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Iowa News Headlines: Tue., Feb. 28 2012

News

February 28th, 2012 by Ric Hanson

Here is the latest Iowa news from The Associated Press

IOWA CITY, Iowa (AP) — With yesterday’s hasty vote, the Iowa Board of Regents will close a public school long tied to University of Northern Iowa’s teacher training program. Malcolm Price Laboratory School in Cedar Falls will close before June 30, a move that infuriated local politicians and school supporters. The regents said it was too expensive to operate. The school is known for its small class sizes and research into cutting-edge practices.

AMES, Iowa (AP) — Vice President Joe Biden is coming to Iowa State University on Thursday to speak about creating manufacturing jobs. The visit further solidifies Iowa’s importance as a swing state in the upcoming presidential election.

IOWA CITY, Iowa (AP) — A judge has ordered the University of Iowa to release a resignation agreement with a former medical employee who is trying to keep the document and his identity a secret. District Judge Thomas Reidel agreed with The Associated Press that the settlement was a public record under Iowa law and said the public has a right to know the details, including a $100,000 bonus offered if he left the university’s employment before a specific date.

IOWA CITY, Iowa (AP) — The University of Iowa will not to invite the University of North Dakota to an April track meet because of the school’s Fighting Sioux nickname. Policy prohibits Iowa’s athletic department from scheduling competitions with schools using Native American mascots, unless those mascots are approved by the NCAA.

Public Hearing in Atlantic Wednesday, over loan agreement & bond purchase

News

February 28th, 2012 by Ric Hanson

The Atlantic City Council Wednesday, will hold public hearings on loan agreements amounting to $4.95-million, followed by action from the Council on a resolution expressing the City’s intent to enter into a General Obligation Corporate Purchase and Refunding Loan Agreement, and approval of a bond purchase agreement with Ruan Securities. The hearings and action will come during a Special Council Meeting that begins 5:30-p.m. Wednesday, at City Hall.

City Administrator Doug Harris says the bonds will help to cover nearly $4.9-million altogether, in Capital Improvement Projects (for Streets, Storm Water, Park and Building Improvements as well as Equipment Acquisition), and, the refunding of 2007 General Obligation Bonds. Harris says refunding the 2007 G-O Bonds will save the City $45,845 in interest, over the next 5-years.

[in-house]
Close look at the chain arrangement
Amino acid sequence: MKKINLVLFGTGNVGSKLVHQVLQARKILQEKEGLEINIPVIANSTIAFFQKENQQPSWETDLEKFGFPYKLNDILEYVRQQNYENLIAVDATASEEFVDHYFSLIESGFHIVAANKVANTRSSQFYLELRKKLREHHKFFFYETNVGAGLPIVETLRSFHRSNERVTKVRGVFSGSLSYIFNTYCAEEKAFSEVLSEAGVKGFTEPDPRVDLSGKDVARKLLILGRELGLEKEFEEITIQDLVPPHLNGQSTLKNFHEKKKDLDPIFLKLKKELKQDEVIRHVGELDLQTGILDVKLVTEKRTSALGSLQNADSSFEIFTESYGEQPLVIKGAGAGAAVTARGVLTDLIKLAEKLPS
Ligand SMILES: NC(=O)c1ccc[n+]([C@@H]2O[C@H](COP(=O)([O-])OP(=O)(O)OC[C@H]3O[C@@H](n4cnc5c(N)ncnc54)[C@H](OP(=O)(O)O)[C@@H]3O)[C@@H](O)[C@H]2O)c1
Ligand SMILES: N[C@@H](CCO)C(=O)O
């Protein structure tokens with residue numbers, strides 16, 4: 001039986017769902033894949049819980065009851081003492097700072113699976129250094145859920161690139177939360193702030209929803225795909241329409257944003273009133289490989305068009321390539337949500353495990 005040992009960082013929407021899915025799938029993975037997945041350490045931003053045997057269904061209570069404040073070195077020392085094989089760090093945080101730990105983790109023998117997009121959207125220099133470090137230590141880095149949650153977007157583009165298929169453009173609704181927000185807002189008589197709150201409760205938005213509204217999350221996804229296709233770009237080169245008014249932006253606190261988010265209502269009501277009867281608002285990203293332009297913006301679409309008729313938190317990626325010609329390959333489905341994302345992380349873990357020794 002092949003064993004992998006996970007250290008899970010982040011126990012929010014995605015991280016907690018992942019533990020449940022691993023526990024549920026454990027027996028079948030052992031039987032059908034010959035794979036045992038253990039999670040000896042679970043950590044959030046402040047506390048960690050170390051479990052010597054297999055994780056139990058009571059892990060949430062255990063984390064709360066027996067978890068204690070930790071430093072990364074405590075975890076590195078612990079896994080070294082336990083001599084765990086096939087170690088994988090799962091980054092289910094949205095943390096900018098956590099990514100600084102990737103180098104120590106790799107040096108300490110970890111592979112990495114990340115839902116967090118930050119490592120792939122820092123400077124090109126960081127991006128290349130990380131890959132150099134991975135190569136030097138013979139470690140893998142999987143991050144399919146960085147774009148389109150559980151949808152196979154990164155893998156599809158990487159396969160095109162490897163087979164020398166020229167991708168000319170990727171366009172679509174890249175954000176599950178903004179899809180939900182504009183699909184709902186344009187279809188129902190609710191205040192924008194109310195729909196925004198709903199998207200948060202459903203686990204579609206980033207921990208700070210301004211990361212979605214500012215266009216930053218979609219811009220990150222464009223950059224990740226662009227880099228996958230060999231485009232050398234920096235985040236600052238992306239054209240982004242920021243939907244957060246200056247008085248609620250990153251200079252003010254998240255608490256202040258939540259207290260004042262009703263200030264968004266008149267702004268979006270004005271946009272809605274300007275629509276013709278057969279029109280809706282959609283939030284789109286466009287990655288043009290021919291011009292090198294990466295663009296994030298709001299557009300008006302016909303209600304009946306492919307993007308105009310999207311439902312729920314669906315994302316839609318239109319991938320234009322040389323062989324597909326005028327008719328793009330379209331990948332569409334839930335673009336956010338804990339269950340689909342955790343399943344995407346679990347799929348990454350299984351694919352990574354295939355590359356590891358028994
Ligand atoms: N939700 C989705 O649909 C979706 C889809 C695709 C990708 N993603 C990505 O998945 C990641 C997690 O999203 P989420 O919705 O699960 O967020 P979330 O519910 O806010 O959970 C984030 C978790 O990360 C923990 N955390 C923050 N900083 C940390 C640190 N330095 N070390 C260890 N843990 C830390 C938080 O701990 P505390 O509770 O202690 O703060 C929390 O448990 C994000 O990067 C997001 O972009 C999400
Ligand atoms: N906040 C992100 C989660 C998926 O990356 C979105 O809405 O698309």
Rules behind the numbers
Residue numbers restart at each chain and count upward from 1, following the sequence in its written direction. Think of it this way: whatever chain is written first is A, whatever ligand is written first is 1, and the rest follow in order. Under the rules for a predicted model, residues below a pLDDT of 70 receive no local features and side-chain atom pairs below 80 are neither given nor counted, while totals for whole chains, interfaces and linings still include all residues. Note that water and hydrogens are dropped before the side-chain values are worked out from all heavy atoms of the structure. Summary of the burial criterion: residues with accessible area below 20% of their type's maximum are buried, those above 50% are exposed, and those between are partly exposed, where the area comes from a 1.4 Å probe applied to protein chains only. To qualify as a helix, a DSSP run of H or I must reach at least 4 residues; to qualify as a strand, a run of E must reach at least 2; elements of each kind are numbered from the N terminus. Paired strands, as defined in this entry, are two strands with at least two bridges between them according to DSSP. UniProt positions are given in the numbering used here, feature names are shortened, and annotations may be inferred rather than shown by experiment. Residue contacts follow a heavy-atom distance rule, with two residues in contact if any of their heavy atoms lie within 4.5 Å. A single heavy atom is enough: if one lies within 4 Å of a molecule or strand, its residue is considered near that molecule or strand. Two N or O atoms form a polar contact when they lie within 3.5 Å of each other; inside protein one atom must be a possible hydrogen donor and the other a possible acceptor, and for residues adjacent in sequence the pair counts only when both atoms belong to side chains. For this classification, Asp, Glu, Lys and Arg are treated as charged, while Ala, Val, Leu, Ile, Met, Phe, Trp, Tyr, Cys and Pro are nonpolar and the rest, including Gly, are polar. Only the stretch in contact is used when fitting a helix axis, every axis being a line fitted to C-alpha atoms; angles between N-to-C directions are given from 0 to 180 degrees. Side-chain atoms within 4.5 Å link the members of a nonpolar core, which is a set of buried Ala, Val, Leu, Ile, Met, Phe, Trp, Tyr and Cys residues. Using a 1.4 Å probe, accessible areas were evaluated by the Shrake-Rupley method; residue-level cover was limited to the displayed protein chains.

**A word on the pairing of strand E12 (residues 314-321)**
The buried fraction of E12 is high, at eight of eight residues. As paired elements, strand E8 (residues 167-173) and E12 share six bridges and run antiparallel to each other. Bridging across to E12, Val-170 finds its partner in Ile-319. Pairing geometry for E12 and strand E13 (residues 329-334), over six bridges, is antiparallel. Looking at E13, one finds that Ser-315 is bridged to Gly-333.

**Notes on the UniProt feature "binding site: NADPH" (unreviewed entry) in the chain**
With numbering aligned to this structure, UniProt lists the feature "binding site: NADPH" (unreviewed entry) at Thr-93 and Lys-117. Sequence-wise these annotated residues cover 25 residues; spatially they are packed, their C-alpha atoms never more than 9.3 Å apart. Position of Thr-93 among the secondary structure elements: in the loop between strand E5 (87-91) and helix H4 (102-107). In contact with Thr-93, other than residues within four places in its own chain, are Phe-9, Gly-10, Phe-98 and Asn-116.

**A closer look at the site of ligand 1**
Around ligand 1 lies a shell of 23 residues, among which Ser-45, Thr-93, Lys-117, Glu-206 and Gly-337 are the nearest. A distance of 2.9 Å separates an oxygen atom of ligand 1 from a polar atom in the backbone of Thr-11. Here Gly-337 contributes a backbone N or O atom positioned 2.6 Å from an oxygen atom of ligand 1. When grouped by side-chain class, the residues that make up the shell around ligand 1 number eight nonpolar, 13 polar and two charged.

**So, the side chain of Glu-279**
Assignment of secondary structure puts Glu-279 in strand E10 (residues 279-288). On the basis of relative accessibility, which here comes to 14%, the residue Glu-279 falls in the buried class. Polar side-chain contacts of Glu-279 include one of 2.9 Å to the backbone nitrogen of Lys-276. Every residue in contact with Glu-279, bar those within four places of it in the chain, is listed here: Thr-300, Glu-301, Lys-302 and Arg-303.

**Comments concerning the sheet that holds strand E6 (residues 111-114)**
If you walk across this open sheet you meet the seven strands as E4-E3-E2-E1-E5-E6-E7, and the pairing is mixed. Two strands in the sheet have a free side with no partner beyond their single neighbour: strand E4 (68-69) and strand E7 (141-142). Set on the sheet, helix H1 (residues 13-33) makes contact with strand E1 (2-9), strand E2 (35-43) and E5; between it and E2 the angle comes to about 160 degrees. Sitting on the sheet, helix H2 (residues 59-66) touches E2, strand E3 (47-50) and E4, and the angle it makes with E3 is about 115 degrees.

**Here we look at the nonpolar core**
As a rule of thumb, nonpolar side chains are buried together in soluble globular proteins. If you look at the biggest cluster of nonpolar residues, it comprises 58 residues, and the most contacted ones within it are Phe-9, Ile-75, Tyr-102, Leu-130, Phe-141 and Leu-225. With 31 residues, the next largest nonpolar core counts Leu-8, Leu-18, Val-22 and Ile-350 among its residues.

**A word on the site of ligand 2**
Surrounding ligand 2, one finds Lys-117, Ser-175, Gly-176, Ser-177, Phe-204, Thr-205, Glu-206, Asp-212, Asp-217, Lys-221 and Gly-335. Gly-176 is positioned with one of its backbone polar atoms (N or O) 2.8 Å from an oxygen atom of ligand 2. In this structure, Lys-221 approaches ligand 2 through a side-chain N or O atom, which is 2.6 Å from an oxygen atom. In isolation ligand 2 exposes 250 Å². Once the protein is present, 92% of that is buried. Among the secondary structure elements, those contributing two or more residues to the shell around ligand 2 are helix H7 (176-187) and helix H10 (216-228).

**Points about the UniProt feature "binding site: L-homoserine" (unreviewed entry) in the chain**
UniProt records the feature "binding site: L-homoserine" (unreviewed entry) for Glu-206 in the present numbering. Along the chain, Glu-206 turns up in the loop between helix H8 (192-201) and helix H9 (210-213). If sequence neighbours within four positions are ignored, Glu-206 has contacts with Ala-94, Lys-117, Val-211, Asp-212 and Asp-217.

The Council will consider a resolution authorizing the issuance of 2012 G-O Bonds during its meeting on March 7th. In other matters, the Council this Wednesday, will enter into a closed session to discuss collective bargaining strategy, following the conclusion of regular business.

Atlantic School Board to hold work session tonight (Tuesday)

News

February 28th, 2012 by Ric Hanson

The Atlantic Community School District’s Board of Education will meet tonight, in the High School Media Center. During the 7:30-p.m. work session, the Board will hear from and/or discuss the Building Leadership Team (BLT), and hold discussion on the Fiscal Year 2013 Budget. No action will be taken during the work session.

Requiring Rx management for Iowa Medicaid patients

News

February 27th, 2012 by Ric Hanson

Republicans in the Iowa Senate are pressing to require a face-to-face review with a pharmacist whenever a Medicaid recipient in Iowa gets a new prescription from their doctor. Senator Bill Dix, a Republican from Shell Rock, says it’s about controlling costs. “Medical therapy management is a concept that is utilizing local pharmacists in meeting with patients who’ve been prescribed medications from their doctor and making sure there are no harmful interactions,” Dix says, “that they’re taking them properly and also looking to find potential savings if they can use generics and things like that.” 

In 2005, the legislature in Minnesota set up a system which pays licensed pharmacists to conduct these sorts of consultations with Minnesotans who quality for government-paid health insurance. Dix says Iowa has had a similar pilot program and it’s time to expand it statewide for Iowans who qualify for Medicaid.  “In the pilot project that medical therapy management technique has shown to potentially save the state million of dollars, on top of what’s currently being saved,” Dix says. “It holds strong promise to save taxpayers a lot of money and to ensure better care of the patients.” 

Medicaid provides health care to Iowans who are disabled, low income and to thousands of children whose parents cannot afford health insurance. In addition, many senior citizens on Medicare are part of similar medical therapy management programs, as a result of the prescription drug benefit extended to seniors a decade ago. A 2006 study found 65 percent of elderly patients were prescribed a drug that was unnecessary. And a study conducted last year found nearly half of all Americans used at least one prescription drug in the previous month.

(O. Kay Henderson/Radio Iowa)

2012 Cass County Fair Schedule released

Ag/Outdoor, News

February 27th, 2012 by Ric Hanson

Officials with the ISU Extension Service in Cass County have released the schedule for the 2012 Cass County Fair, which runs from July 26th through the 31st. (The complete schedule can be found at http://www.extension.iastate.edu/NR/rdonlyres/FD79263F-7EEC-4FD2-9AAE-9A47B9EACD65/164027/2012Schedule_CassCountyFair.pdf )

Events begin Thursday, July 26th, with the Swine, Rabbit, Horse, Poultry, Dairy and beef entry sign-ins, entry and judging of 4-H static exhibits, and a food sale at the Community Center. Later that same evening, the King and Queen Contest will take place, along with Senior Recognition.